The most sophisticated criminal groups, both Latin American and European, are instead increasingly turning to the application of corruption.
“Corruption is creeping up slowly in Western societies in a way we have not seen before. Ten years ago, if you found a corrupt port official or Customs agent, this was huge news. Now it is becoming more common,” said the senior European policeman.
The rise of the “invisibles” – Many of the more sophisticated drug traffickers have realized that their best protection lies not in a private army and extensive security, but rather in keeping a very low profile. These traffickers, whom we call the invisibles, make Herculean efforts to remain off the radar of authorities, using brokers, and ensuring they have no digital or social media footprint, as well as maintaining a solid legal façade for their business.
“There are indications of very smart traffickers, moving huge quantities of cocaine, without attracting much attention,” said the senior European policeman. “European police do not have the complete overview of the business and we tend to focus on those that use violence. In Spain there are Brits, Dutch, and other mobsters with no criminal records moving a lot of dope. Law enforcement is falling behind.”
InSight Crime profiled a Colombian “invisible,” living in Spain, who for years moved cocaine into Europe, and who at the time of writing has no arrest warrants pending on either side of the Atlantic. Guillermo Acevedo, alias “Memo Fantasma” (Will the Ghost) is now under investigation by both Colombian and Spanish authorities, as a result of our investigation.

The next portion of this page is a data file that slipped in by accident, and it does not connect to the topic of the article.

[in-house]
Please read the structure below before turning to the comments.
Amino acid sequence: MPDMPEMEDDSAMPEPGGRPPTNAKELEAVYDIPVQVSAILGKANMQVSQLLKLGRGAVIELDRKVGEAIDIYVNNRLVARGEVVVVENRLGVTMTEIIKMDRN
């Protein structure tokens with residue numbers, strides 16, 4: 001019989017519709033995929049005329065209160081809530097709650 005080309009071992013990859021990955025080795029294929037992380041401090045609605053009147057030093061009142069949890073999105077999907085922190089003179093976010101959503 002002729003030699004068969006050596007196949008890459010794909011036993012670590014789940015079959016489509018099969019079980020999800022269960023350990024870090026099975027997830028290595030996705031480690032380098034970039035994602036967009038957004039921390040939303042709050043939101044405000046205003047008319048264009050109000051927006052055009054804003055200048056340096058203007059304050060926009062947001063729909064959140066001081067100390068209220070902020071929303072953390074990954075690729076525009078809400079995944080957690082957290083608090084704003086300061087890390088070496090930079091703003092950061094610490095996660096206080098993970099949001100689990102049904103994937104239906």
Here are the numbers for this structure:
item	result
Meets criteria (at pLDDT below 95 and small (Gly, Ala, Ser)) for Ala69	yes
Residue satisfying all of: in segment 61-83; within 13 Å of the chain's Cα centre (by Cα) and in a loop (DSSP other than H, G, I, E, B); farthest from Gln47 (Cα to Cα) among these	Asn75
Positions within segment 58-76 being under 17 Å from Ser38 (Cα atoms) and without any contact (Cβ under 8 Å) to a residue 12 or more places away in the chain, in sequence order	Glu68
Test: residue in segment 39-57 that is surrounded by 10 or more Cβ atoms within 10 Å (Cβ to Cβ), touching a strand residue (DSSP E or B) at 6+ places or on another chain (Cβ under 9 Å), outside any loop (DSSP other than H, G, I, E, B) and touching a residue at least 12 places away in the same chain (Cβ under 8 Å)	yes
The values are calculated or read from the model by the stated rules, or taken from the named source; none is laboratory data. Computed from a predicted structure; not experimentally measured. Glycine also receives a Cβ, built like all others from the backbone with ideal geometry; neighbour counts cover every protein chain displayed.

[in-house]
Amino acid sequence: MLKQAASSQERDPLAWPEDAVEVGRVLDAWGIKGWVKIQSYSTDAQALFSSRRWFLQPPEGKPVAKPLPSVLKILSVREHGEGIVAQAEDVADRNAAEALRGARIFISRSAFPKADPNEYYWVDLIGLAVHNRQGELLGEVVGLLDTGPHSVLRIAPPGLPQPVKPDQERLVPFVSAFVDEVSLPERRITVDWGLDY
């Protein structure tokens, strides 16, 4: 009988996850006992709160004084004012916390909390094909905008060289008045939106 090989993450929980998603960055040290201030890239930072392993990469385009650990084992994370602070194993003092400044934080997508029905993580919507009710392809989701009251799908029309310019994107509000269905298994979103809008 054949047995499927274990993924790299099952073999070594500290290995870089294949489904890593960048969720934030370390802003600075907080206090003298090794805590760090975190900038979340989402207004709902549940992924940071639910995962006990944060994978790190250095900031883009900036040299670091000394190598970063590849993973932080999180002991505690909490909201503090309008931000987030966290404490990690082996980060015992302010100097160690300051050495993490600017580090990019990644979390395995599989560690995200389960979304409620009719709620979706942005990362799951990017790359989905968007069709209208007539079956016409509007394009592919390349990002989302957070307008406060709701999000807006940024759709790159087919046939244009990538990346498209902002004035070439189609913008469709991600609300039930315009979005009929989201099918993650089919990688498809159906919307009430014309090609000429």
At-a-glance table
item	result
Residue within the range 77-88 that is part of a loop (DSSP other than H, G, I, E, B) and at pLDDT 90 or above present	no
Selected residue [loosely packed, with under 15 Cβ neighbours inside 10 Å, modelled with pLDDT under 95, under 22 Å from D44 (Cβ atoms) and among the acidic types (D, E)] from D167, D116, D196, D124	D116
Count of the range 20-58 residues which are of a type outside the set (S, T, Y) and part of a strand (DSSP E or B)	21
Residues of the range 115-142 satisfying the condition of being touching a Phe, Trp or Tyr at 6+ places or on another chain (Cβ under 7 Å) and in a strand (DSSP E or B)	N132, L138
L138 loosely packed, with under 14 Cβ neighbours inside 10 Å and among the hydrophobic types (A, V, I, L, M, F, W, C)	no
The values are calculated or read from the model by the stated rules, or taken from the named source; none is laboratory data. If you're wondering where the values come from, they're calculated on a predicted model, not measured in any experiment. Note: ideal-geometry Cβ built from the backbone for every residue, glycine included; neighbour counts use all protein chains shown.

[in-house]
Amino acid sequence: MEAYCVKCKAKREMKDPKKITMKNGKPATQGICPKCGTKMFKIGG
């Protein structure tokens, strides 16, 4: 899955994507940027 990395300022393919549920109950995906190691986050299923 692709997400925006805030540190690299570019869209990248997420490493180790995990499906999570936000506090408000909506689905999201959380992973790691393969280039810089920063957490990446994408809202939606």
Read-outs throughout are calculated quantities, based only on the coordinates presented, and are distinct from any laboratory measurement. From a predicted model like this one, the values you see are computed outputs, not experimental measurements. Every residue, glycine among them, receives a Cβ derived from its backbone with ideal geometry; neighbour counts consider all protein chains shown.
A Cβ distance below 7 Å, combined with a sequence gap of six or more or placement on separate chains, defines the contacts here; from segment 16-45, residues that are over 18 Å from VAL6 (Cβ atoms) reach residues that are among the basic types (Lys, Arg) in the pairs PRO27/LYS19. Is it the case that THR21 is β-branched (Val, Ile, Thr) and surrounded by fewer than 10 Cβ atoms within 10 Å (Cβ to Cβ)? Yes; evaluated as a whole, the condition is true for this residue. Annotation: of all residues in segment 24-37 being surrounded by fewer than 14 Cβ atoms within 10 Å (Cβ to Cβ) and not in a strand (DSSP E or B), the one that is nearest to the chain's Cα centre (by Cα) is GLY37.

Europe as a money laundering center – Europe is a major money laundering center and among the worst offenders are some of the more “respectable” countries such as the United Kingdom and the Netherlands. These countries have shown little appetite for serious reform, while eastern European nations have much lower appetite for tackling the influx of drug money into the economy and into the political arenas.
Brexit could further exacerbate this, with the NCA saying laundering opportunities will increase as resilience lowers along with cooperation with the European Union.
The panorama for cocaine trafficking to Europe is a dark one for authorities. While European and Latin government struggle to contain Covid-19 and the economic carnage the coronavirus is leaving in its wake, organized crime sees new opportunities. Although, the Covid-19 crisis has also presented challenges to transnational organized crime, the evidence suggests it is adapting quickly. If European cocaine consumption recovers quickly and new markets in eastern Europe are further developed, Europe could rival the United States in terms of its cocaine problem. Indeed, if huge cocaine consignments controlled by European mafias transit the European Union on their way to other markets in Asia, the challenges could even surpass those faced by the United States.
*Investigation for this article was conducted by James Bargent, Maria Fernanda Ramírez, Douwe den Held and Owen Boed.
 According to the 2019 EU Drugs Report, six countries, Denmark, Ireland, Spain, France, the Netherlands and the United Kingdom, reported prevalence of cocaine use among young adults of more than 2.5 % in the previous year.